08 December 2009


Wide ranging species often range over different environmental conditions and adapt to them, creating differences in morphologies. If they are significantly different (i.e., if you can tell where a populations of animals came from), they are considered to be a race or subspecies. Subspecies are separated only geographically, not reproductively. They are given taxonomic stature in a trinomial, for example:
Turdus migratorius migratorius is the race of robin found across most of eastern North America, including eastern South Dakota. T. m. propinquus, on the other hand, is sightly smaller without white tail spots and found in Western US.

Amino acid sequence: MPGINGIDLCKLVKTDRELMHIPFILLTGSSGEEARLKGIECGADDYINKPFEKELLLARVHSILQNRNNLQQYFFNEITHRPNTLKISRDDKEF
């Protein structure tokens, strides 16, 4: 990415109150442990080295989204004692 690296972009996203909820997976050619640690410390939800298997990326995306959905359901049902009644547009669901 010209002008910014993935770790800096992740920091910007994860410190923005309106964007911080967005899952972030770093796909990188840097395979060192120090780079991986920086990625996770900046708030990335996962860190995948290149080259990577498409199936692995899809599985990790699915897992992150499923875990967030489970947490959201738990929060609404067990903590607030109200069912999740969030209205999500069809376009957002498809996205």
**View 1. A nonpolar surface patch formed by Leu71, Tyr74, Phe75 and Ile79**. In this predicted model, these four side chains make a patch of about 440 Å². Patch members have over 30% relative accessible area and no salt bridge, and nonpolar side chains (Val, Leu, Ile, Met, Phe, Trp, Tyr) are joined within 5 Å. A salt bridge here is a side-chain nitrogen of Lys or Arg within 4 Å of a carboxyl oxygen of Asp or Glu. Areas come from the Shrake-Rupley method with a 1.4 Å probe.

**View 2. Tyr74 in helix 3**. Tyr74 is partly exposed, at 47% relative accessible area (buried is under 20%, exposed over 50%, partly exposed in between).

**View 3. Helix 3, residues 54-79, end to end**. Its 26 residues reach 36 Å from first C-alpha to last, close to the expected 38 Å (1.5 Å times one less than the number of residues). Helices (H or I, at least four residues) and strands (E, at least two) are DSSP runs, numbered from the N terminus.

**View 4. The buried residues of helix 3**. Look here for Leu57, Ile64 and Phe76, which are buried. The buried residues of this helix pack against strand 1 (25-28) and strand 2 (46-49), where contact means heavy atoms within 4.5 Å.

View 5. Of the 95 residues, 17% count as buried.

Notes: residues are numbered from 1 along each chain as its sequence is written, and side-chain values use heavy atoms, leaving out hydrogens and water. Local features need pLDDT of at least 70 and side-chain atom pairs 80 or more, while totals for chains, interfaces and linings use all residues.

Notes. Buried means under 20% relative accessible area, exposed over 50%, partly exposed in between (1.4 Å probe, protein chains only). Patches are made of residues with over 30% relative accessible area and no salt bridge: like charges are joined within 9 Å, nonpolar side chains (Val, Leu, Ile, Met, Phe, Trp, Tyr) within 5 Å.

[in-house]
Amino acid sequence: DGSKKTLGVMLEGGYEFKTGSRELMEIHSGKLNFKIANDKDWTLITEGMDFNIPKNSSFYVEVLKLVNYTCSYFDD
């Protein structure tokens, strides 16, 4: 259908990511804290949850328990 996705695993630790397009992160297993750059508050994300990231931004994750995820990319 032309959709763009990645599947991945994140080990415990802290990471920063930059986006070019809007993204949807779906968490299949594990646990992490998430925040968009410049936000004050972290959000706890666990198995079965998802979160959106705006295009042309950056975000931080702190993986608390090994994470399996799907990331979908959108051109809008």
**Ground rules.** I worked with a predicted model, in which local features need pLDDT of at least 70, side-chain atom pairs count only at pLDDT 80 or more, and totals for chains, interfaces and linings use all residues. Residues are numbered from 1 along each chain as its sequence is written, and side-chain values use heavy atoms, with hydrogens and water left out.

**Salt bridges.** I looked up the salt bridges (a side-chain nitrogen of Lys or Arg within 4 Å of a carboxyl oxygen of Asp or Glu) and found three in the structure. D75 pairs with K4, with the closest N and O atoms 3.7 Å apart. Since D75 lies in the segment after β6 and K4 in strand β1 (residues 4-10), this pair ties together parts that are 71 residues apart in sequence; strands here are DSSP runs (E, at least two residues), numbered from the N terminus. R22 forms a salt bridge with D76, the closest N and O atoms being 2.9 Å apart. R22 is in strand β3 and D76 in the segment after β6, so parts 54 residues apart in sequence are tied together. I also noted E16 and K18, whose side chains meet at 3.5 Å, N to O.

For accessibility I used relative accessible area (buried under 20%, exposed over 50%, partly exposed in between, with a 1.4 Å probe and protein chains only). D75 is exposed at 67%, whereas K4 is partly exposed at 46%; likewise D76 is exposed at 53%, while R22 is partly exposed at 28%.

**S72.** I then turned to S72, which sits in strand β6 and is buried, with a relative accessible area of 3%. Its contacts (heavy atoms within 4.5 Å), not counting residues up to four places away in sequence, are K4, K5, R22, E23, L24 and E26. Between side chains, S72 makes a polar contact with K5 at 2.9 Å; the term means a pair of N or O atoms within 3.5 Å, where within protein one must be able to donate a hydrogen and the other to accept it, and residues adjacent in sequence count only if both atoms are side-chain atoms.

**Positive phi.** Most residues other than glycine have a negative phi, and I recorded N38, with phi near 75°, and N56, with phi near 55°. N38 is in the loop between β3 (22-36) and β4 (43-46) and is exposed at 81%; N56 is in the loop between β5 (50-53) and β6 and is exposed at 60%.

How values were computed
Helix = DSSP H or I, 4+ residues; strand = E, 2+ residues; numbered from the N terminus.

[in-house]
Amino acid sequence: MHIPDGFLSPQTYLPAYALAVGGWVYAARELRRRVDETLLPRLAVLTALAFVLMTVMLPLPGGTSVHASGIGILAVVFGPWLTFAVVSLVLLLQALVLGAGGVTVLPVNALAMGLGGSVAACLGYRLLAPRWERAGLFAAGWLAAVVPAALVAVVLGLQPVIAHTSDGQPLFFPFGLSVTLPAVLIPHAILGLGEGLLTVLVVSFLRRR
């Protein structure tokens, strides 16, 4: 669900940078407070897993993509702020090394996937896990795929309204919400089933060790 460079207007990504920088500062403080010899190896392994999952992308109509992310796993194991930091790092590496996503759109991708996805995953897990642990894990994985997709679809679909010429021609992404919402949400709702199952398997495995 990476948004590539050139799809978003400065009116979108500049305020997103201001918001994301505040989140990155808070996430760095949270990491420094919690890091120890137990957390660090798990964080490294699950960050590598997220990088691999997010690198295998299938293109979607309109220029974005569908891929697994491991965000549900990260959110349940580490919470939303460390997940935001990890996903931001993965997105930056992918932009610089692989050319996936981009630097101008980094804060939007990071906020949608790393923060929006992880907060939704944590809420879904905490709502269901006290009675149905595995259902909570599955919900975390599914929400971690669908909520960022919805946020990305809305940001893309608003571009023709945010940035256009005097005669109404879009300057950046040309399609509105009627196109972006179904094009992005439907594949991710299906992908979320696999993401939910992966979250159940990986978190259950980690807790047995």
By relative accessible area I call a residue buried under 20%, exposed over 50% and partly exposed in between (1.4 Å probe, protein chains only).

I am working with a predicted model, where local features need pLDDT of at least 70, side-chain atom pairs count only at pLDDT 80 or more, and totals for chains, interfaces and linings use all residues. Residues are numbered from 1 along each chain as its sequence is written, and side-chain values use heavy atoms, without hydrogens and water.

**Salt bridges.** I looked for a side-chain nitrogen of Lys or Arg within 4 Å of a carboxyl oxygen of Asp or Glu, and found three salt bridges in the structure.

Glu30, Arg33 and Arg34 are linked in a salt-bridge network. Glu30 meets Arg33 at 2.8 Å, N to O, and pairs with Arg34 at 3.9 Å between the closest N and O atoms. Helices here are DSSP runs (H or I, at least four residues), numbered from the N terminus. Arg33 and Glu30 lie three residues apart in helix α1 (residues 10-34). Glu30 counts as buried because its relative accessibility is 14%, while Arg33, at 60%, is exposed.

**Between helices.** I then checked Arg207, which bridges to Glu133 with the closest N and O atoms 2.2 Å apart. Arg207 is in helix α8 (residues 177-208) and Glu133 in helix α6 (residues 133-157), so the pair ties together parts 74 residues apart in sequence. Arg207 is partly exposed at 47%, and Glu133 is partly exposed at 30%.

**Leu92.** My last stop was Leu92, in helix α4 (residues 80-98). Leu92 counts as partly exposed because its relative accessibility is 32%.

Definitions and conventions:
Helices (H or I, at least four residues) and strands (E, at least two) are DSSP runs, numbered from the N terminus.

Mostly differences are too small to be treated by anyone but professional taxonomists, but, problems do arise to upset even the most casual birdwatcher, prompting even letters to the editors, like when the Baltimore and Bullock's Orioles were lumped together as the Northern Oriole. (Note, however, that recent evidence suggests that there is only very limited hybridization between these populations, and in 1996, the two were resplit.)

Why is there more than one species of bird?

American Robin

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